The EU accession process has been truly remarkable in its scale and scope. The nature of the changes it has brought about across diverse societies through incentives, normative pressure, conditionality and social learning is unmatched in modern times. The process has worked best where goals have been clear, policy has been detailed, advice consistent, mechanisms adaptable, and financing predictable. Moreover, an emphasis on design and a focus on learning from experience have ensured that accession, in a technical sense, has continued to evolve and adapt to changing realities. Even where change cannot be specifically attributed to accession policies, EU norms, procedures and ways of thinking have often pervaded accession-country governments, stimulating change and providing mental models for reform. While there is little doubt that problems with the process remain, including uncertainty over parameters, inconsistency in advice, the lack of sustainability of reforms and the creation of unwieldy bureaucracies, the EU has managed to move beyond many of the issues that continue to plague development efforts elsewhere around the globe.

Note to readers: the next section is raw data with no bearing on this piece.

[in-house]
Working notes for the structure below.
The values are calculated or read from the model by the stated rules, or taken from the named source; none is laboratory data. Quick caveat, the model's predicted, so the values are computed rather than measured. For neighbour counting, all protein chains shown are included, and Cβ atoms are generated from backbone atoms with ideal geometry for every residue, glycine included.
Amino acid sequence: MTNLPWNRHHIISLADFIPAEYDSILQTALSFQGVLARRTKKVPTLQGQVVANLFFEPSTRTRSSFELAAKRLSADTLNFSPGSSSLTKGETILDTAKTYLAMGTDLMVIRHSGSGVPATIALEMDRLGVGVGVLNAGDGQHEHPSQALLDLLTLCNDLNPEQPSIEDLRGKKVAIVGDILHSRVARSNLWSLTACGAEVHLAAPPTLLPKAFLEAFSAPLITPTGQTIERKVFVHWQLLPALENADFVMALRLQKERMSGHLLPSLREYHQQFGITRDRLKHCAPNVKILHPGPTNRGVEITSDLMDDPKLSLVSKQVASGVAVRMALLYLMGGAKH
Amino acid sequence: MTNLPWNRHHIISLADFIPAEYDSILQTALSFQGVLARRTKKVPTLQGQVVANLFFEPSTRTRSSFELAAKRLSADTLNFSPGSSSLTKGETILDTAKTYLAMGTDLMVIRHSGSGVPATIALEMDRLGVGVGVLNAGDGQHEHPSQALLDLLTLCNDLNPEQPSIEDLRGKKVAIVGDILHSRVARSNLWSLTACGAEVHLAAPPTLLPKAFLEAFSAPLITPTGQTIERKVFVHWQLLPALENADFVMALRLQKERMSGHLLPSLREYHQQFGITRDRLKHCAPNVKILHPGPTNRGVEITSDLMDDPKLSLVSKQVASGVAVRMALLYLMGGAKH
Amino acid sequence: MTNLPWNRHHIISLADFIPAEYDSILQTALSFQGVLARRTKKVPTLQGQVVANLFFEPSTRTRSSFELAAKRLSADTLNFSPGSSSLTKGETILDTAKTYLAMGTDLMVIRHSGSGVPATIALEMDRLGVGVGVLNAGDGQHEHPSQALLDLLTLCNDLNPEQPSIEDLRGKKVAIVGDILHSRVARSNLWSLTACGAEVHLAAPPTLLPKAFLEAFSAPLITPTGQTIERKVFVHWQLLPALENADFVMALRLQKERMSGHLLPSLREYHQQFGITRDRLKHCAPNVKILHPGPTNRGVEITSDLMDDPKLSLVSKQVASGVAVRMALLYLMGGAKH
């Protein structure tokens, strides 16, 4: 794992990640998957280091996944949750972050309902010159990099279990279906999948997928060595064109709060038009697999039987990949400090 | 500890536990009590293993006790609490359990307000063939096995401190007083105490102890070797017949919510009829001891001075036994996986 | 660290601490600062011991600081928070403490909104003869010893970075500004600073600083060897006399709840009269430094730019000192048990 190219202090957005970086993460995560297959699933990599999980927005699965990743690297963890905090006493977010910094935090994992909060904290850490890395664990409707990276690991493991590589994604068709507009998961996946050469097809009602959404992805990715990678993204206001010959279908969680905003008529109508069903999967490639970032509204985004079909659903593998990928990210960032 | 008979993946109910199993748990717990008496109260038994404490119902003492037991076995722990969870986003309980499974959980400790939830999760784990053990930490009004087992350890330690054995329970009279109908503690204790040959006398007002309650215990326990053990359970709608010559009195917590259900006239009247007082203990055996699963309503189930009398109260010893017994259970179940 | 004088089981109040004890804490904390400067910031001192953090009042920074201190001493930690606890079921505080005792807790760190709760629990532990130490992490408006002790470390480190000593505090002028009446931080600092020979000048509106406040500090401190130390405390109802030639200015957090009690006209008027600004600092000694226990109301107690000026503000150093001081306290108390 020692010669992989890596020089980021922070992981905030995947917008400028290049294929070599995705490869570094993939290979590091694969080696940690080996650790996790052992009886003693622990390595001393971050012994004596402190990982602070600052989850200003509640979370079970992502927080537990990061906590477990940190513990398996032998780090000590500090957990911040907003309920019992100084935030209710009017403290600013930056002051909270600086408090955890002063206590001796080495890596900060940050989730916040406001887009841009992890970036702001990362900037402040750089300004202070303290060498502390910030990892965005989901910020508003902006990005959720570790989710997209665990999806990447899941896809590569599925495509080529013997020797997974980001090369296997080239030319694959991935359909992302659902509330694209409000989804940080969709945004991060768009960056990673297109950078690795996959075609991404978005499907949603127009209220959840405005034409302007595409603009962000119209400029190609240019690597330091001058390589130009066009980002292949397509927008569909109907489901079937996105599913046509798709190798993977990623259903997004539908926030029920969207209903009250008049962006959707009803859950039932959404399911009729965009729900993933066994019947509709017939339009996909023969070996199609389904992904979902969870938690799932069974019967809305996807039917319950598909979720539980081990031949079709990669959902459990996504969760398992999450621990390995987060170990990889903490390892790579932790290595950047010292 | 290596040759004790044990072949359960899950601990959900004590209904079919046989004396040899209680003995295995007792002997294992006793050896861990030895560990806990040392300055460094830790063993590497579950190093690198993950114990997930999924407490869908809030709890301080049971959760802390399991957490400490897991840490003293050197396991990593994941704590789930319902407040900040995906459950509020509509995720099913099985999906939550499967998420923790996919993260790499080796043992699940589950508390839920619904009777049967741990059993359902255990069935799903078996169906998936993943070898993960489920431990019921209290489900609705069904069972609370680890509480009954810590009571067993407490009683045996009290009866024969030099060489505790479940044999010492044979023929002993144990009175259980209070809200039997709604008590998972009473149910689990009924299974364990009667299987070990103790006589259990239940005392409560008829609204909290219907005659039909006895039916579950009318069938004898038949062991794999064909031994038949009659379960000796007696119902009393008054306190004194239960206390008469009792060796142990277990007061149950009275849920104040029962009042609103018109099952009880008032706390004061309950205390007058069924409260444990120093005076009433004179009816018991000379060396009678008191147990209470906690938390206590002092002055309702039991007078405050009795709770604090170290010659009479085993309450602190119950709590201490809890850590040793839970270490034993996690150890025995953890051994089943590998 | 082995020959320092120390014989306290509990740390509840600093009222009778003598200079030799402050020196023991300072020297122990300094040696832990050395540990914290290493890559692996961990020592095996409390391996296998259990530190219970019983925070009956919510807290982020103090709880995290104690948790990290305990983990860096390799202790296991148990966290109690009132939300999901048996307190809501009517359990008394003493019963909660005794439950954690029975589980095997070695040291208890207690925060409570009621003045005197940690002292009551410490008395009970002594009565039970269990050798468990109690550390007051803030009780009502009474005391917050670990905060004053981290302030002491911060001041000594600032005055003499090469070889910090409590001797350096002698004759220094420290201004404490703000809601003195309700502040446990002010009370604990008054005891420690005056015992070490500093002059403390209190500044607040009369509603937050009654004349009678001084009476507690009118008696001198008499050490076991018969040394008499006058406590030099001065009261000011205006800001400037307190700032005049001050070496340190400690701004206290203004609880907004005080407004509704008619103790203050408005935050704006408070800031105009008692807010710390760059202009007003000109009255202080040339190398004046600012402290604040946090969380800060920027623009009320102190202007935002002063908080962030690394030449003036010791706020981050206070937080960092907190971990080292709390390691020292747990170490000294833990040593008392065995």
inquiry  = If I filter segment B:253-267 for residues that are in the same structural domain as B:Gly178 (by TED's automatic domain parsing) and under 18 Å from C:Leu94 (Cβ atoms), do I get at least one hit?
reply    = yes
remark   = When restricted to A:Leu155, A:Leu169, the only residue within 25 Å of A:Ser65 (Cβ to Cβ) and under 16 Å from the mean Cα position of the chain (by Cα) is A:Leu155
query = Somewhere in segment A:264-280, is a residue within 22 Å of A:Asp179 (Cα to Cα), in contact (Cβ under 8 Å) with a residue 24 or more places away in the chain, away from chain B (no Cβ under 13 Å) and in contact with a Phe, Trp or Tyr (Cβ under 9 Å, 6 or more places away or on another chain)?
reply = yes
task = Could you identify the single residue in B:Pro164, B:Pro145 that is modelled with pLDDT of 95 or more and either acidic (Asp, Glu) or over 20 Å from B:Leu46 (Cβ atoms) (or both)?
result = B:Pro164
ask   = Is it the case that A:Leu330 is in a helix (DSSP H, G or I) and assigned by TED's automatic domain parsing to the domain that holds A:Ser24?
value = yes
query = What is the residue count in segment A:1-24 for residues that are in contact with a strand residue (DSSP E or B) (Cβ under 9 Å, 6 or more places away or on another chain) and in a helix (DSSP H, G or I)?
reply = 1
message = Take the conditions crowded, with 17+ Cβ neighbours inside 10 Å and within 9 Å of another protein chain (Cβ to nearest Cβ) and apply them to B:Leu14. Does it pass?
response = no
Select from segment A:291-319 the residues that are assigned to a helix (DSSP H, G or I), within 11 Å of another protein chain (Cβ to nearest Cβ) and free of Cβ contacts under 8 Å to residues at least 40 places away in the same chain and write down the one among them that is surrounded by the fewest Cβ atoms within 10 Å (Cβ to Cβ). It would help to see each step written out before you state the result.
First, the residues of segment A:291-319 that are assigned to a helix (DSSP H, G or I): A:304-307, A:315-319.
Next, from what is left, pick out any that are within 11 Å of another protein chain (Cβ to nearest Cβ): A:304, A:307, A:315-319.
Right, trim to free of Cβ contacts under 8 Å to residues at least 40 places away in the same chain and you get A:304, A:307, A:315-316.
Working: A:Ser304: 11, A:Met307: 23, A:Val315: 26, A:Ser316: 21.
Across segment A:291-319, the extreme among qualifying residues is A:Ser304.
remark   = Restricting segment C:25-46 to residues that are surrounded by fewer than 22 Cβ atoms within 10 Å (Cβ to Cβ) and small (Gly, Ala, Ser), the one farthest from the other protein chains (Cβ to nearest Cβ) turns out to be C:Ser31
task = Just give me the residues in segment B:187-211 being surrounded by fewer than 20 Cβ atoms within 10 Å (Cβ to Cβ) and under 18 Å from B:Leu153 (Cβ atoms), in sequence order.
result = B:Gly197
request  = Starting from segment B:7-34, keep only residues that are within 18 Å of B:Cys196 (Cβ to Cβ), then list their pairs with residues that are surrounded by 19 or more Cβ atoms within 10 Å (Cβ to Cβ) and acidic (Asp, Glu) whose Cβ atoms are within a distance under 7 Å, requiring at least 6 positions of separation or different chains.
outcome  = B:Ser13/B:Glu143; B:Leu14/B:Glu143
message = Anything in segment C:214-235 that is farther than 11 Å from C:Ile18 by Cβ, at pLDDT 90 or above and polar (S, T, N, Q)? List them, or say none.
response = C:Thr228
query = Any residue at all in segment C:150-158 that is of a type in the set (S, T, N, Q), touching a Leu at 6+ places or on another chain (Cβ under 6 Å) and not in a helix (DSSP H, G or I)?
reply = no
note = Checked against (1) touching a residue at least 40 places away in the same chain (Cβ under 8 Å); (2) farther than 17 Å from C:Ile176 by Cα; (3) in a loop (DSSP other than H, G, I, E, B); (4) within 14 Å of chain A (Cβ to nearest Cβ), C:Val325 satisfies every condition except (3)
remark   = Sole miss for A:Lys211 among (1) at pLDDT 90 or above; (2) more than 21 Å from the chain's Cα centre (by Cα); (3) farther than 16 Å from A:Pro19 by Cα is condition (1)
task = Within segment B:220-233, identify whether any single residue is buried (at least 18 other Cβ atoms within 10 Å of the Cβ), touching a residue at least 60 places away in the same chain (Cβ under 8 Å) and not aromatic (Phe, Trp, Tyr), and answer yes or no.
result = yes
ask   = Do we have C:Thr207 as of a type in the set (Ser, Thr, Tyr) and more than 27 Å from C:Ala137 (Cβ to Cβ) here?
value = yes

The paper examines the aspects of the accession process may provide useful examples that can be applied to other contexts, including: the way in which a single framework can be articulated and agreed upon to set a reform agenda, which can be monitored and adjusted over time; the value of having standards and goals that the public can discuss, mobilize around and use as a framework for accountability; and the value of specific types of technical assistance, including the use of twinning and other knowledge-sharing mechanisms.